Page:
First Posted: 1/15/2009
LUMBERTON -- Although a new central office is on Superintendent Barry Harding's wish-list on how to spend $12 million of construction money the system has remaining from $64 million in bond funds, board members say it is a low priority.
Also on the list are an alternative school, a magnet high school at the COMtech industrial site and additional parking space at various schools. Harding presented the school board with his list on Monday night.
Harding suggested in April that the board consider selling the central office building on N.C. 72 West and buy a new, larger site. He had recommended that the school system purchase the old Lowe's building as an answer to the administration's space needs.
Board members say the old Lowe's building was discussed in the past. But, says Terry Smith, school renovations should come before the school system moves into a new central office.
“Students come first over central office personnel,” he said. “If the students are uncomfortable, then the educational production is probably not taking place. If we are spending money that is in short supply to start with, we should make sure the kids benefit from expenditures.”
Board Chairman Mike Smith said there hasn't been any serious talk recently about buying the Lowe's building.
“That is just something that has been kicked around,” he said. “There hasn't been any real discussion about it.”
The only item on the list that has a price attached is the magnet high school, which would cost $5 million and be at the COMtech park near Pembroke.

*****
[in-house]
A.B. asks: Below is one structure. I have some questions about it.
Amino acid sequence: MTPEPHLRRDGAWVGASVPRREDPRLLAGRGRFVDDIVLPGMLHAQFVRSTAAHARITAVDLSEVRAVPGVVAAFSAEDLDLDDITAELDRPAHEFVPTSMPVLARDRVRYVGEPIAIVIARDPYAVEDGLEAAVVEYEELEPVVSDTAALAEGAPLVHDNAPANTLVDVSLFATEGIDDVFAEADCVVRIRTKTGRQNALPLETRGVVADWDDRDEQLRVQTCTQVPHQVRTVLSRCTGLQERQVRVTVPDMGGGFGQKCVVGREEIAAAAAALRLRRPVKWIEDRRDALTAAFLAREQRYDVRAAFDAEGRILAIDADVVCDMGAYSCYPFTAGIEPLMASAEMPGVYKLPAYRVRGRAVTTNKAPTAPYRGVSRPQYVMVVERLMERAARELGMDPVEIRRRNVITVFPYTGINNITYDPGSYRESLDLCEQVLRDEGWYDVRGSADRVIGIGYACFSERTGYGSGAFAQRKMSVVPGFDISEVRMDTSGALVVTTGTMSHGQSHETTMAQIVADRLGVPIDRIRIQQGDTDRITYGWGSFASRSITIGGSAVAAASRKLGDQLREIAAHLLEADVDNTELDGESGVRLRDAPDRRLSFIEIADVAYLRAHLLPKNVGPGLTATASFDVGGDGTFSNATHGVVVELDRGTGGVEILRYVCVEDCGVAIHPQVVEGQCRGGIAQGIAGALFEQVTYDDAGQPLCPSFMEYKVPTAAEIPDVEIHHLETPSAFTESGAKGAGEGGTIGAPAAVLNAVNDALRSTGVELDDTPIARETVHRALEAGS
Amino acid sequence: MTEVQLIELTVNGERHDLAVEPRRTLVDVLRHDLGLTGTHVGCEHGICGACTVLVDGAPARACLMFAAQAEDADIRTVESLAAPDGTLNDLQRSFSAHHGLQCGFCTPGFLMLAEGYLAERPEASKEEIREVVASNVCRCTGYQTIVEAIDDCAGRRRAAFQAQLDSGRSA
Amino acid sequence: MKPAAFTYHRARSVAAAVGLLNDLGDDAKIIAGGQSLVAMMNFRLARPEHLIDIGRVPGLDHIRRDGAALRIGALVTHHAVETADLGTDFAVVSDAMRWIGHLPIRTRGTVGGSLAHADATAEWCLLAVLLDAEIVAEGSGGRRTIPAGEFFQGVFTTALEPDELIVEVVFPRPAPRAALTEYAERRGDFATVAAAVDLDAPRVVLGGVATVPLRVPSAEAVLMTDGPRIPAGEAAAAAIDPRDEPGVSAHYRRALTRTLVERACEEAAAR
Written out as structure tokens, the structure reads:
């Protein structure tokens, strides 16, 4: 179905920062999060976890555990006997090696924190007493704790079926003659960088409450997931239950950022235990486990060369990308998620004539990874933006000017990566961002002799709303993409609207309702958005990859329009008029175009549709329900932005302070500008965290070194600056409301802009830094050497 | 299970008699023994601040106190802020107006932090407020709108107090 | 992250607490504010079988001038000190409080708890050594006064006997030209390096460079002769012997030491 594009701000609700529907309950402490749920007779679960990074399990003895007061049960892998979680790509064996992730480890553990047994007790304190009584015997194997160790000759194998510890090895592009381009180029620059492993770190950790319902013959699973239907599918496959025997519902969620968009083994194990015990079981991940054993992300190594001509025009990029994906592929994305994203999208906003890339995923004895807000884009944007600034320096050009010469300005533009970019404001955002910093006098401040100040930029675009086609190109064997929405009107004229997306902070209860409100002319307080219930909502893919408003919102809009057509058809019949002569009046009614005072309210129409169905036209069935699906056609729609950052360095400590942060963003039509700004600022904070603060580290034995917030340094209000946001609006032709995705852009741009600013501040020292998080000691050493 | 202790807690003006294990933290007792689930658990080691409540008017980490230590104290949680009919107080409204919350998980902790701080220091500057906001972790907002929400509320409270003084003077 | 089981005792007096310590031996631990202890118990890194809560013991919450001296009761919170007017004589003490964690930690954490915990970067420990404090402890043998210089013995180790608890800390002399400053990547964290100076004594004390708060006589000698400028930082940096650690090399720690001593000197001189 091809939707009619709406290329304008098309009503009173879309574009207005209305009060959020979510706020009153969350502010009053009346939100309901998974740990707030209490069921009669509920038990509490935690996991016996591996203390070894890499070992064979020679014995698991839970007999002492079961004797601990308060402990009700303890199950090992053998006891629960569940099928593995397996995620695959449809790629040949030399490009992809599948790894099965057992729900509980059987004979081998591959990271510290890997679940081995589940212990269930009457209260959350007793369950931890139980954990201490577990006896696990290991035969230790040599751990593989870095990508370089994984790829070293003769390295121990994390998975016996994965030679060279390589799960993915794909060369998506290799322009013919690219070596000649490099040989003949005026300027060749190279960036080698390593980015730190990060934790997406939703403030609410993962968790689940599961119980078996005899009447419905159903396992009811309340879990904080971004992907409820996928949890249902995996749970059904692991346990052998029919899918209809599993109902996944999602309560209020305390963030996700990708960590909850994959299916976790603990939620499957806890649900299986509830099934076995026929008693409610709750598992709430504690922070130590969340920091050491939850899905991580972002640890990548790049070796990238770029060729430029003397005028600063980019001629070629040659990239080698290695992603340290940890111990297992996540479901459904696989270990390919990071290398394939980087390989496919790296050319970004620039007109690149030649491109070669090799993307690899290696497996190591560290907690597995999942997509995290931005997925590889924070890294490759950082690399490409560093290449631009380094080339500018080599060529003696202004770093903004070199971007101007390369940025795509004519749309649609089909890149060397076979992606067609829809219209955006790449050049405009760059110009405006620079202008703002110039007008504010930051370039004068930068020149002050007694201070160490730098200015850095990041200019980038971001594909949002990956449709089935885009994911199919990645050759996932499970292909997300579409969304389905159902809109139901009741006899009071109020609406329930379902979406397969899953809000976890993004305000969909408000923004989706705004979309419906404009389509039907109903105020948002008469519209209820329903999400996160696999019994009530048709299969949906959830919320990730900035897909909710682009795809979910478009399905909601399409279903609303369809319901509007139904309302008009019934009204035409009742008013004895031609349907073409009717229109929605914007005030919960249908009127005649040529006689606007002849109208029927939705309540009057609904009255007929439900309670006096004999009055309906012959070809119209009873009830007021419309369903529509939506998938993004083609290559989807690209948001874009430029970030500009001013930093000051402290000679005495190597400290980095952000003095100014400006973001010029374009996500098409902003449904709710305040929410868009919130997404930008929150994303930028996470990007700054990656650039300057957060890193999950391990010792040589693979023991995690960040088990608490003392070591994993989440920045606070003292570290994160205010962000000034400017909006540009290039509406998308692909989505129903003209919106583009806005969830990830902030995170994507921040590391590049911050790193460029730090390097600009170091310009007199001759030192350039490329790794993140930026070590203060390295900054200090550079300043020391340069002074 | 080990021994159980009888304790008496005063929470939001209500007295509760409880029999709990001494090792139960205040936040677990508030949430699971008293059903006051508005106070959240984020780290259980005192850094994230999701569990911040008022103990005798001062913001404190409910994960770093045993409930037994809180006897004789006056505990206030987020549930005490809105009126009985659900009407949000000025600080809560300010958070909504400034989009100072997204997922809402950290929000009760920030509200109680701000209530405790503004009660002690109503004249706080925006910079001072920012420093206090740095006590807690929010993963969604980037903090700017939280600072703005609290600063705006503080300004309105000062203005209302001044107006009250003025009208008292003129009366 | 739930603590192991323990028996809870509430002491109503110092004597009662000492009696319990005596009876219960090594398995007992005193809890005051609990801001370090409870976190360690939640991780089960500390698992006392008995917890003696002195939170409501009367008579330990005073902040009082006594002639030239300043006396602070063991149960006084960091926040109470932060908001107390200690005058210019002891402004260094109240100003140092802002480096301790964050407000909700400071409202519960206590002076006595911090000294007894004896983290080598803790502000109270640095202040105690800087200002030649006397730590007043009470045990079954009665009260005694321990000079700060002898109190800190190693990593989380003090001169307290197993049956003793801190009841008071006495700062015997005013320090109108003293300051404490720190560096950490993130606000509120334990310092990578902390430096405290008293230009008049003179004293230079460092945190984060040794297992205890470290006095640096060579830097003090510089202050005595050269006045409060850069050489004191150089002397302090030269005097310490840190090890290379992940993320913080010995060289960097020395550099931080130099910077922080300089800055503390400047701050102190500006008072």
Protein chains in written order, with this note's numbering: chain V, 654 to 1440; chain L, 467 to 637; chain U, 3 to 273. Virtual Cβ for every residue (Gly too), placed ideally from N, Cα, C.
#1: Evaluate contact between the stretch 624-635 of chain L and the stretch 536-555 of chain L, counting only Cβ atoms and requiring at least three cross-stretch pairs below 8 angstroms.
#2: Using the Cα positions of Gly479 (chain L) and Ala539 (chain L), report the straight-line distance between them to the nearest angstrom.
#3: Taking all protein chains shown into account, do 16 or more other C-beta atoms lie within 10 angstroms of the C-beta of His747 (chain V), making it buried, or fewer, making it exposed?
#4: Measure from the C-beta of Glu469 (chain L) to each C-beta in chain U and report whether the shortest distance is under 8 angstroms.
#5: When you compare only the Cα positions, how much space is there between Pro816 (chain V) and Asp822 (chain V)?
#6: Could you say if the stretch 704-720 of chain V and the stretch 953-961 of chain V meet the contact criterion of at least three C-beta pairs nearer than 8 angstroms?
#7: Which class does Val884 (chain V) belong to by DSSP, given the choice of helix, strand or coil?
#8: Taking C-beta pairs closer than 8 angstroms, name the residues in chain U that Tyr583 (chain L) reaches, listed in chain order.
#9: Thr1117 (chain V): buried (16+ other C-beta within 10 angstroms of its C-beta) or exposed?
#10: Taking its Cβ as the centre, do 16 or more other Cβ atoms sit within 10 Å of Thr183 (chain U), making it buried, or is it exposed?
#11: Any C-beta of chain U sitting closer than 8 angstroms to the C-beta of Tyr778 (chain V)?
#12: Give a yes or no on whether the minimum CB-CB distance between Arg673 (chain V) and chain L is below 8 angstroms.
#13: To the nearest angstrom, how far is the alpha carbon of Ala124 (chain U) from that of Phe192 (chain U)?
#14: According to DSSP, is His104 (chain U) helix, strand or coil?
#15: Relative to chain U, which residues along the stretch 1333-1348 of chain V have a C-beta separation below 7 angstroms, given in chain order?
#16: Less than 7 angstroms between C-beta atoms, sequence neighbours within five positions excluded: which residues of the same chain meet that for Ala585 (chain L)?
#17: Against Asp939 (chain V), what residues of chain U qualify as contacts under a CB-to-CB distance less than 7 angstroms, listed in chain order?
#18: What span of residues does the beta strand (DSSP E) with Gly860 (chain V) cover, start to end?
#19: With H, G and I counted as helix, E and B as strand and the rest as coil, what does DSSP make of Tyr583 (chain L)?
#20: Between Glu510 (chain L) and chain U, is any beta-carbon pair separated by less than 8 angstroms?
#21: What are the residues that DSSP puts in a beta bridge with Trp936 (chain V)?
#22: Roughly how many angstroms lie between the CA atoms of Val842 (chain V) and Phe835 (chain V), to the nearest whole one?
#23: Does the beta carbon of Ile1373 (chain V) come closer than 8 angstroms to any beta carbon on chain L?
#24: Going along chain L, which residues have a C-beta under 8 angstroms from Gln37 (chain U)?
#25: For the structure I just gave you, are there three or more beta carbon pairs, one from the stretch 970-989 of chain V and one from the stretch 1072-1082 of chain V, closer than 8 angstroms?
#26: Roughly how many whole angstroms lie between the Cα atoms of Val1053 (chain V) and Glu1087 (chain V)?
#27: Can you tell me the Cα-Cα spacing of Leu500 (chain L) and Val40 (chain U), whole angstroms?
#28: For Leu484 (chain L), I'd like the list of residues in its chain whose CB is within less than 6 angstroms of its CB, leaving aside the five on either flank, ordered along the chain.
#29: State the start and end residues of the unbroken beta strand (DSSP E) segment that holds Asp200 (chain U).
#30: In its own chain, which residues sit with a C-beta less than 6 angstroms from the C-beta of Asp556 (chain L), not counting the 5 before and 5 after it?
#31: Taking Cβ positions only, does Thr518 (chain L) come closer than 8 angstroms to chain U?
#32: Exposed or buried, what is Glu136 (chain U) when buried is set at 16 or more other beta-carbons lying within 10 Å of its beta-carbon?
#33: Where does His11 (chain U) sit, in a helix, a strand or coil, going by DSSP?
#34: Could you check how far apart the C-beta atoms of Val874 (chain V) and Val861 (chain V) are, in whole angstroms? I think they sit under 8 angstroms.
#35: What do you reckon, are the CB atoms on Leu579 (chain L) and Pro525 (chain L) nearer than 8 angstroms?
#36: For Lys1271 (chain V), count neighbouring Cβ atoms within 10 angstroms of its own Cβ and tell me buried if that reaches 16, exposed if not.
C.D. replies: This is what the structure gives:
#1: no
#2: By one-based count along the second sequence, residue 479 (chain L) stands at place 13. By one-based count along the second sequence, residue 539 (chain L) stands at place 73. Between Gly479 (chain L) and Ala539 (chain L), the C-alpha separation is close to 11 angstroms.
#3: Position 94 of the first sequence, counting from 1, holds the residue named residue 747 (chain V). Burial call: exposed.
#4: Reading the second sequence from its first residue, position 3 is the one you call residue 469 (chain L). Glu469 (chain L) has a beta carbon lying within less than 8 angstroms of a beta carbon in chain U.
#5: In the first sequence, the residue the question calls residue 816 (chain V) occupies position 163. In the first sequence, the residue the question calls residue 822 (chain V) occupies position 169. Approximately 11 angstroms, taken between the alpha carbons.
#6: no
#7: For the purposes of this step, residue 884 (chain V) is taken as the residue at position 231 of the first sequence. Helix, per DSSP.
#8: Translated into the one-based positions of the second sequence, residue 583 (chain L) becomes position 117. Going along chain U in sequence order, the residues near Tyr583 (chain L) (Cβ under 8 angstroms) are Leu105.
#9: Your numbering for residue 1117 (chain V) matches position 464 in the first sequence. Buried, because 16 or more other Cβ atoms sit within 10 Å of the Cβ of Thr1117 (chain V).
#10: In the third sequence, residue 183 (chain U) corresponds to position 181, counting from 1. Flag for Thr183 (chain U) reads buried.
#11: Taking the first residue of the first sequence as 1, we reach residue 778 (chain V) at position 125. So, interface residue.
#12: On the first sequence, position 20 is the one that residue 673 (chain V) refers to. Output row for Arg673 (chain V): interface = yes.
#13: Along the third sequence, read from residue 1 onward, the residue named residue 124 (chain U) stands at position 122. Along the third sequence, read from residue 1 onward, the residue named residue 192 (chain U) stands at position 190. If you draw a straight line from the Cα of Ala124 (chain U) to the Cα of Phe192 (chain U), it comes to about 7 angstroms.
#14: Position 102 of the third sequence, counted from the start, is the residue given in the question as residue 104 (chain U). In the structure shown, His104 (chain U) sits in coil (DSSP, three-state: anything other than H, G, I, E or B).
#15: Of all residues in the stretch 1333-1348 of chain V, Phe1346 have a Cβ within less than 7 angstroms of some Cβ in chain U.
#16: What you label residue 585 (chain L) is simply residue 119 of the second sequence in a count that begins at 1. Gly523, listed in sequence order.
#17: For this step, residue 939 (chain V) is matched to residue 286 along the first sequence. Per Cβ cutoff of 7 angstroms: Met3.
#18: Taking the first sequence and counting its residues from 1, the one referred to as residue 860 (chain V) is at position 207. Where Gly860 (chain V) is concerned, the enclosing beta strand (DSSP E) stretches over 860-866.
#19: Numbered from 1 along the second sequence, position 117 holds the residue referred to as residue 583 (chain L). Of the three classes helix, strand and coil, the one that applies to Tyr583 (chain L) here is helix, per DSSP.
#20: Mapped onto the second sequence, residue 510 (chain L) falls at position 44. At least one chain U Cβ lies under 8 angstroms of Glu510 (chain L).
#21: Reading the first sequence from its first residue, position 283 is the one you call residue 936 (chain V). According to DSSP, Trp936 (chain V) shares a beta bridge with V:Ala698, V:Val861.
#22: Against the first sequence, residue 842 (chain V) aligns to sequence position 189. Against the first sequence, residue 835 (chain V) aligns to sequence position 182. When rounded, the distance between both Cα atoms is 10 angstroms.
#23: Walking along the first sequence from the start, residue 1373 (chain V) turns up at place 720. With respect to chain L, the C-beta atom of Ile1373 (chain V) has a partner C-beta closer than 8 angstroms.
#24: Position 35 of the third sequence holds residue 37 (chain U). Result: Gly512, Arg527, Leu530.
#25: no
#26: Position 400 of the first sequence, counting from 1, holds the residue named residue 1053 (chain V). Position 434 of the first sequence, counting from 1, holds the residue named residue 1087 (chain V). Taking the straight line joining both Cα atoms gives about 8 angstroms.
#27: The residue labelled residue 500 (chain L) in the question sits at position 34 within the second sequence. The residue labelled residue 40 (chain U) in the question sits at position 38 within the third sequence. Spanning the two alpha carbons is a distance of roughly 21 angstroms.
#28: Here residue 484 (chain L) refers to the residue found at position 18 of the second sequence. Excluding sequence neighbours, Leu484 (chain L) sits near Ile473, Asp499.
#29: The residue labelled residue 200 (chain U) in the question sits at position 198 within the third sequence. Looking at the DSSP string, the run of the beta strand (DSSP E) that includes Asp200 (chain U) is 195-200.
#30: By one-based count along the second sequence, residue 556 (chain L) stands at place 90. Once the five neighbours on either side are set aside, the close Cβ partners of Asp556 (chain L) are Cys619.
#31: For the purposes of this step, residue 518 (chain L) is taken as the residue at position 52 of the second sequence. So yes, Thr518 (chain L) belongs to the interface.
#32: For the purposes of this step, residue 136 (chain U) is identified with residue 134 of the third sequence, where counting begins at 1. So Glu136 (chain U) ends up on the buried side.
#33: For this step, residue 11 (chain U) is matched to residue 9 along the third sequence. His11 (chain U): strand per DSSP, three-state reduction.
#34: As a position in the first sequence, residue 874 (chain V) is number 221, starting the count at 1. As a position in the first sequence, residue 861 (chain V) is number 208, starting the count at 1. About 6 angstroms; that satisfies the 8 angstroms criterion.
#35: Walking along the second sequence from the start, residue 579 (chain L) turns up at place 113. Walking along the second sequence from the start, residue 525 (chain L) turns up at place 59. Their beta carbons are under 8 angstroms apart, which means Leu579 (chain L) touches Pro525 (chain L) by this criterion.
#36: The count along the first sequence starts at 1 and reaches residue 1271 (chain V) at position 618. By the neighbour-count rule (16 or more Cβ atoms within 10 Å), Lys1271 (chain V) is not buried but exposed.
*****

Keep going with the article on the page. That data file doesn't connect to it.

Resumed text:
Board member Robert Deese says a magnet school “would impact students, not only now, but down the road.”
“One of the county's biggest problems in recruiting industry is a trained work force,” Deese said. “An industrial technical park is being developed to train people with skills to go into the labor force and further their education. Now is the time to go ahead with this, while we've got the funds.”
Magnet schools are designed for middle and high school students and involve a collaboration of university, community and industrial engineers and instructors. Such schools offer college preparatory courses and train students in the electrical, vocational, and industrial field and include music, art and multimedia technology classes.
Terry Smith also seems to favor building a magnet school.
“The school system should plan for that facility and maybe set aside money every year to build up a fund,” he said.
He said that he prefers to see an alternative school established first. The school would be designed for troubled or at-risk students. Harding's list recommends placing the alternative school at Carroll Middle School or “another appropriate site.”
Deese said that additional classrooms, parking space and leaky roofs are other major needs.
The board will eventually make the decision on how the money is spent. Chairman Smith has said the board will hold special meetings to discuss construction needs.
“These are only recommendations,” Smith said. “Nothing has been set in stone.”
Terry Smith said that several schools “didn't have access to the first round of bond money. We need to go back and look at those schools first.”
The school system originally identified $225 million in repairs and renovations, but reduced that list after learning that it would receive only $64 million.